Q. What about mitigation of systemic racism in the development and implementation of preventive services?

Dr. Mangione: The task force has published proposed actions to address these issues. Among them are careful consideration of opportunities to reduce health inequities when selecting new preventive-care topics and prioritizing current topics; purposefully seeking evidence about the effects of systemic racism, health inequities in all research plans and requested public comments and integrating available evidence into evidence reviews; and summarizing the likely effects of systemic racism and health inequities on clinical preventive services in USPSTF recommendations. The USPSTF will pilot test the implementation of these actions on USPSTF topics that hold the most promise for mitigating health disparities.

Q. What is your most urgent concern right now?

Dr. Mangione: The disproportionate underuse of services among people who have the highest prevalence of medical conditions and the worst health outcomes. If we are going to move the needle for health in this country, we’re going to have to address this. COVID-19 was a terrible thing, and it has killed more than a million Americans. But if we look at the actual numbers, what we see is that the loss of life was the highest among Latino people. It was also very high among Black people. This is unacceptable. The virus isn’t selective. It is not choosing which populations to strike hardest. Something else in our society is driving this. If we had fair and equal access to resources, I don’t think we would see a differential in who dies from breast cancer or who dies from cervical cancer or who dies from prostate cancer, so, it isn’t all just about screening. Even if we fix the prevention problem completely, we still have to have the systems in place to deliver evidence-based treatments to the people who are diagnosed with serious conditions.

Q. What is your greatest hope?

Dr. Mangione: My greatest hope is that we get the right services to the right people at the right time. But it is important to understand that the task force never considers coverage decisions. For us, it’s all about health benefit balanced against harms and coming up with evidence-based recommendations that, I would say, are completely insurance-coverage and cost agnostic. When the Affordable Care Act passed, the legislation said that for people with private or commercial insurance, all Grade A and Grade B recommendations have to be covered with no patient cost sharing; that’s a huge step in the right direction. But the task force has no regulatory or decision-making power that influences who ends up insured in this country and who has access to services.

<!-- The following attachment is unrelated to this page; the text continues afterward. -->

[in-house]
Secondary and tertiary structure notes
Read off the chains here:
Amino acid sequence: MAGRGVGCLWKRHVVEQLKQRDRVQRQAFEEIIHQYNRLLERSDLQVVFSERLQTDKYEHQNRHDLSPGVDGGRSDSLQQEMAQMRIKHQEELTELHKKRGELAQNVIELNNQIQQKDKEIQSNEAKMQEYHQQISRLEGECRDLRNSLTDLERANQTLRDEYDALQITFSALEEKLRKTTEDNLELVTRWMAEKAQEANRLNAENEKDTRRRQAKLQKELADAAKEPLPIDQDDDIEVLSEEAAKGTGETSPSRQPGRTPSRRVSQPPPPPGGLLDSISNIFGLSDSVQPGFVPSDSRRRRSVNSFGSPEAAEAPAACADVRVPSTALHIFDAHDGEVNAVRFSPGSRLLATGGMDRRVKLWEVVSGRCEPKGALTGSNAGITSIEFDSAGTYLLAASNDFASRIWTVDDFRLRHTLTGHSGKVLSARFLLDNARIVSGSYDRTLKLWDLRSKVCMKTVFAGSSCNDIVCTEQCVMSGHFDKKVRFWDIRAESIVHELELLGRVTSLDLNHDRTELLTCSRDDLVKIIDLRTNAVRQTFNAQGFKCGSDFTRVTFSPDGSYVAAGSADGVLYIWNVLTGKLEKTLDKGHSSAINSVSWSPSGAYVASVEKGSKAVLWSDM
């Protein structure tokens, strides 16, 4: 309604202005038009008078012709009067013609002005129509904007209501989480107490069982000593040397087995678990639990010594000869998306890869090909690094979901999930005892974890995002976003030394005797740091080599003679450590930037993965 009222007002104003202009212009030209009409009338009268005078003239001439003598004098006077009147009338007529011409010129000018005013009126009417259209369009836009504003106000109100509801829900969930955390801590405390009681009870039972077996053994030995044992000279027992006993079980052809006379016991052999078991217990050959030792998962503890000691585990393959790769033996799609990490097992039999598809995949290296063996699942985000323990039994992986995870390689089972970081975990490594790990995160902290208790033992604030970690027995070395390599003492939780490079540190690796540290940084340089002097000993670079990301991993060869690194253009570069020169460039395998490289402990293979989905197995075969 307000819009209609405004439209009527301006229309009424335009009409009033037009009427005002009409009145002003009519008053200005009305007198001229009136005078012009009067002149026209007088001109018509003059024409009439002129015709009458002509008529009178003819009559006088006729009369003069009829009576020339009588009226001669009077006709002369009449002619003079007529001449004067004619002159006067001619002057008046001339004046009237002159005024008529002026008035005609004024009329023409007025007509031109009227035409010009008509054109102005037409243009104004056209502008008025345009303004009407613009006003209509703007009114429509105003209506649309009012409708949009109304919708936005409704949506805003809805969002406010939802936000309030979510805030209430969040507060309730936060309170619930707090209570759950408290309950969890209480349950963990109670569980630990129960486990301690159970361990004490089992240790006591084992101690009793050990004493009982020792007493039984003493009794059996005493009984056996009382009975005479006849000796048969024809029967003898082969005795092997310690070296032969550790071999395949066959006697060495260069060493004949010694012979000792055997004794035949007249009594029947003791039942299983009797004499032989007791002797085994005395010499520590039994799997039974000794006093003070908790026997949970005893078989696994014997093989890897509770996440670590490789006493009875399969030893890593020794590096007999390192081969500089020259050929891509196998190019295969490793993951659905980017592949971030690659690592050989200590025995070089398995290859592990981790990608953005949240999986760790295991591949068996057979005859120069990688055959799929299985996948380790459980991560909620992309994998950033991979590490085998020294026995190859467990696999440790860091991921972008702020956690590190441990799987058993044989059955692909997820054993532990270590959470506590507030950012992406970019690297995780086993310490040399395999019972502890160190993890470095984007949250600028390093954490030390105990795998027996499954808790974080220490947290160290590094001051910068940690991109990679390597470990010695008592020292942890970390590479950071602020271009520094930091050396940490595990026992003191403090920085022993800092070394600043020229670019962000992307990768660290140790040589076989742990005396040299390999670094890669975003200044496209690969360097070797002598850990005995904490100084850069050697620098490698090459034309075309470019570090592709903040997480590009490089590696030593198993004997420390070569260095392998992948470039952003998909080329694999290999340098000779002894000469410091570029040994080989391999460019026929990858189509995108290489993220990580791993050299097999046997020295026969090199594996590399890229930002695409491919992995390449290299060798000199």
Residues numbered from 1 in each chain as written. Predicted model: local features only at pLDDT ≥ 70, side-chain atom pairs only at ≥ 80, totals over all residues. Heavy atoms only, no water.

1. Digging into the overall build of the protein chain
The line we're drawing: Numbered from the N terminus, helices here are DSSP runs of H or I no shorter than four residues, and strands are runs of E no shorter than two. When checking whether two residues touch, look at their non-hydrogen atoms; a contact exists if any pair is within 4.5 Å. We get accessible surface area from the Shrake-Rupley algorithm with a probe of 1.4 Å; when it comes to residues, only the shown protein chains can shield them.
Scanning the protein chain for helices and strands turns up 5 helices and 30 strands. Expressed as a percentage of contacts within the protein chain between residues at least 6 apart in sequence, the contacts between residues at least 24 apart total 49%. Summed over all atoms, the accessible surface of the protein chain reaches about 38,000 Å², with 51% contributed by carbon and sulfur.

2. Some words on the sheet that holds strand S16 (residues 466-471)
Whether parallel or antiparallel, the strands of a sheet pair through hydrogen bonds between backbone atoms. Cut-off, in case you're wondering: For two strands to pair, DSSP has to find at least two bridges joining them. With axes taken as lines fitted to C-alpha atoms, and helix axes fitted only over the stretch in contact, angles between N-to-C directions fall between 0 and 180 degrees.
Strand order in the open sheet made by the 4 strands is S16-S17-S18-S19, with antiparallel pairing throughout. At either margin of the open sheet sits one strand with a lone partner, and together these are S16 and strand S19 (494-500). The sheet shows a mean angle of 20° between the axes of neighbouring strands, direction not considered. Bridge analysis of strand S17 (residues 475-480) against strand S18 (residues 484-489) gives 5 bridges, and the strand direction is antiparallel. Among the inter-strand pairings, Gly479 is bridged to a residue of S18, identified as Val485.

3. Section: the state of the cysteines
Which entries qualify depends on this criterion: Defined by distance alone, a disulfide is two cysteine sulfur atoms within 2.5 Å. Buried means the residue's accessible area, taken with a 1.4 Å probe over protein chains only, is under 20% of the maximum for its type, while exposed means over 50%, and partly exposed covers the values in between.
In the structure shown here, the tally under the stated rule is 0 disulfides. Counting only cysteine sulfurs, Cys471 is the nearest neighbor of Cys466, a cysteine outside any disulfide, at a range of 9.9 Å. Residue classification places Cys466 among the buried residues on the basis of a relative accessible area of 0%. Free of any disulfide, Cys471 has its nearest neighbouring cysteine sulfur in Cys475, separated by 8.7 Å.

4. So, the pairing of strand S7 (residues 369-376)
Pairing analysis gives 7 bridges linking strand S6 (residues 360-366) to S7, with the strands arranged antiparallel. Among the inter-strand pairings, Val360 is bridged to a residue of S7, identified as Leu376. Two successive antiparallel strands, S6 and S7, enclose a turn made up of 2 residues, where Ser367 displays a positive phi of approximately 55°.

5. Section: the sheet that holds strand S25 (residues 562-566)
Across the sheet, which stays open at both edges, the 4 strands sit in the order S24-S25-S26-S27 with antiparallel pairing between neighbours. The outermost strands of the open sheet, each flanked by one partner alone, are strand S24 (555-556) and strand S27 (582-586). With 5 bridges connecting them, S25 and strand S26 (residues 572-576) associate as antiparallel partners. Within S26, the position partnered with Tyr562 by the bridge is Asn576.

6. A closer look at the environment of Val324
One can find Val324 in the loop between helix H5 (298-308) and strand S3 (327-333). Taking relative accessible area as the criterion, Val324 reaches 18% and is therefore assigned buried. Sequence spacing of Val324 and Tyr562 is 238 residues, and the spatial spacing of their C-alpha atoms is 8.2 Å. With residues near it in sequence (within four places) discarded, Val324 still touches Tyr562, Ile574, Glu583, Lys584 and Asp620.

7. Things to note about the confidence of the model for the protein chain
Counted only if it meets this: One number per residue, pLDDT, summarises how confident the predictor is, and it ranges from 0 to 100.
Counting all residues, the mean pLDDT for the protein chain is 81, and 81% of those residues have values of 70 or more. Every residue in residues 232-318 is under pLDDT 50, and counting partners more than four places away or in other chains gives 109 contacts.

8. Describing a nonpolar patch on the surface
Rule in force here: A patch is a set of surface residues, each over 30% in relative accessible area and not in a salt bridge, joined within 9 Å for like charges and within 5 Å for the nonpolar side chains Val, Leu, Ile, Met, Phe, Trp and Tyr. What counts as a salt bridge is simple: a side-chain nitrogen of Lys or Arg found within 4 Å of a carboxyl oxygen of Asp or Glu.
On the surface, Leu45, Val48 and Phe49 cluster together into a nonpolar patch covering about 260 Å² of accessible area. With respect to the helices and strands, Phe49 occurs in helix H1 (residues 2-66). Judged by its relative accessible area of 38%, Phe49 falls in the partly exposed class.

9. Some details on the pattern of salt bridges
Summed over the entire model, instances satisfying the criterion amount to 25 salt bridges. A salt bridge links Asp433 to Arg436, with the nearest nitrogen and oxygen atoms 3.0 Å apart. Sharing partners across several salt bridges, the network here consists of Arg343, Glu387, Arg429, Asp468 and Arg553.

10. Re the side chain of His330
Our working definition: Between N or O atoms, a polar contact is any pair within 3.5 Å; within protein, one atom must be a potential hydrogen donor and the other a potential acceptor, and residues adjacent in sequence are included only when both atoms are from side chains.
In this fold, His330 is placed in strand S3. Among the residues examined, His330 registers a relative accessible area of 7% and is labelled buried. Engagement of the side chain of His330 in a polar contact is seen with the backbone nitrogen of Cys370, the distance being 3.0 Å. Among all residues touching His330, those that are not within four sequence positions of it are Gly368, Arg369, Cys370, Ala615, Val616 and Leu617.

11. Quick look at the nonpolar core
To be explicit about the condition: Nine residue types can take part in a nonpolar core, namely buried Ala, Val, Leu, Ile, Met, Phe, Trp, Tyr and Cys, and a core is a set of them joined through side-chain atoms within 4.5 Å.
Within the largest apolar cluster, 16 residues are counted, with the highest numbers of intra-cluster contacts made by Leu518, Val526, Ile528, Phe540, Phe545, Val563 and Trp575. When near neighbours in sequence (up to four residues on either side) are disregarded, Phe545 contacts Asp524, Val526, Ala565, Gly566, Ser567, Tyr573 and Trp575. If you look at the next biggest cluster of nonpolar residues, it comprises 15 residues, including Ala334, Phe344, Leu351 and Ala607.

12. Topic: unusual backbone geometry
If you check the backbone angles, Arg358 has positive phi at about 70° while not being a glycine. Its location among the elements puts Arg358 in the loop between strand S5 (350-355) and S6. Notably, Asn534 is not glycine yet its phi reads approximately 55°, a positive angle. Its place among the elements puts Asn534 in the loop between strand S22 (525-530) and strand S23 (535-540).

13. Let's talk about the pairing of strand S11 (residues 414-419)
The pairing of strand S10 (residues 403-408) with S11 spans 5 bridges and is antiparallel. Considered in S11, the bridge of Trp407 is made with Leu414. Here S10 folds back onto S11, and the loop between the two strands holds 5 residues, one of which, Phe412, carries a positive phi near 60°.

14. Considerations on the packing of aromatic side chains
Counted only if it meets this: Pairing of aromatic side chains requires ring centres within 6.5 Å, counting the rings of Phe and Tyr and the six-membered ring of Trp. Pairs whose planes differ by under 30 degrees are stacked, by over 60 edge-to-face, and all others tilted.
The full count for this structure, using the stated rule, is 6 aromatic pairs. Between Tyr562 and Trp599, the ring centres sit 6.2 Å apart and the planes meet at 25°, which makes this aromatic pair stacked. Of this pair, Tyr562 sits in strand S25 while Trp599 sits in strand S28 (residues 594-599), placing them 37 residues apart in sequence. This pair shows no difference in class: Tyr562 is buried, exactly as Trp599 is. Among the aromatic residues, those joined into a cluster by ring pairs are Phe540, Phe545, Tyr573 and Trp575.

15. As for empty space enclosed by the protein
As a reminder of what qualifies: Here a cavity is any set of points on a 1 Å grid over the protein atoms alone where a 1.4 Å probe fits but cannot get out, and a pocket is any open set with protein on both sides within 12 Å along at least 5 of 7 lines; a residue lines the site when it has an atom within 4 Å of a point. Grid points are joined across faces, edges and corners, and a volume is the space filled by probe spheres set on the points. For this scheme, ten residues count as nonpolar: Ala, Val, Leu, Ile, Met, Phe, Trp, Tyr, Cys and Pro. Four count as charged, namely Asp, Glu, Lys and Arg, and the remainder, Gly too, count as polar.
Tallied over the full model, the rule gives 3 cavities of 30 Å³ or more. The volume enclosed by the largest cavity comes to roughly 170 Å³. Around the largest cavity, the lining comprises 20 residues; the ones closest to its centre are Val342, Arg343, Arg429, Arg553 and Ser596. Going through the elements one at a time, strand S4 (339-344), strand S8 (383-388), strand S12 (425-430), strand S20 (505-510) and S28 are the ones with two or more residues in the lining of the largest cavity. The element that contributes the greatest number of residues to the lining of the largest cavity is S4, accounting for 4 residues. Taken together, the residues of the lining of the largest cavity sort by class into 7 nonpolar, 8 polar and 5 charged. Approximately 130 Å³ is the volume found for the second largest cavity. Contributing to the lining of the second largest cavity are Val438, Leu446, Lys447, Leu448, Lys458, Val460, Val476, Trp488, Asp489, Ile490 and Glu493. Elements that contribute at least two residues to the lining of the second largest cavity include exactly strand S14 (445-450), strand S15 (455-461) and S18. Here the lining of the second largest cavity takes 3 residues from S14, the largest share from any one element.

Q. The task force’s recommendations have not been without controversy.

Dr. Mangione: That is true. Since our last breast-cancer screening recommendation came out in 2016, there’s been a long-running controversy about the value of screening annually versus every two years. There has also been controversy about whether to start screening at age 40, at age 45 or at age 50. Some professional organizations have recommendations with earlier starting ages and greater frequency of screening. In 2016, the task force looked very carefully at the evidence and the marginal benefit of screening every two years versus every year in average-risk women and concluded that the benefit of annual versus biennial was so small that we ended up recommending screening every two years. Some groups felt strongly that that was a big problem and push for screening that is more frequent for higher risk groups like Black persons. The task force takes this concern very seriously and will continue to carefully examine the evidence that supports specific screening intervals. If we were to see evidence that shows that the benefit of starting a preventive service at a younger age or using it more frequently outweighs the harms in one group versus another, then these findings would support the development of groups-specific recommendations. But, unfortunately, this evidence from well-designed studies is often times very hard to come by.

Q. What role can the task force play in increasing access to care?

Dr. Mangione: I think the biggest role we can play is to point out the problem to the people who pay for research and pay for health care in our country. Our reports to Congress often focus on disparities in access to care and outcomes. Our recommendations fall into three categories: screening tests, preventive medications for conditions like high cholesterol and short behavioral interventions that can either be delivered in primary care or referred from primary care, such as brief interventions to reduce unhealthy alcohol use. We feel strongly that for the health of the nation, people should have access to these screenings and treatments, and our role can be to communicate this to the public and to make it clear in our recommendations where there are challenges for implementation. We also have a section in our recommendations called “clinical considerations” — often that is where we will talk about access issues — and a section on research gaps, which often focuses on equity issues with health care delivery. With our national platform, the task force is in a position to talk to legislators, to talk to people who fund research, to people who fund clinical care, and to point out to them these big problems that need to be addressed if we are to improve the health of all Americans.

By Enrique Rivero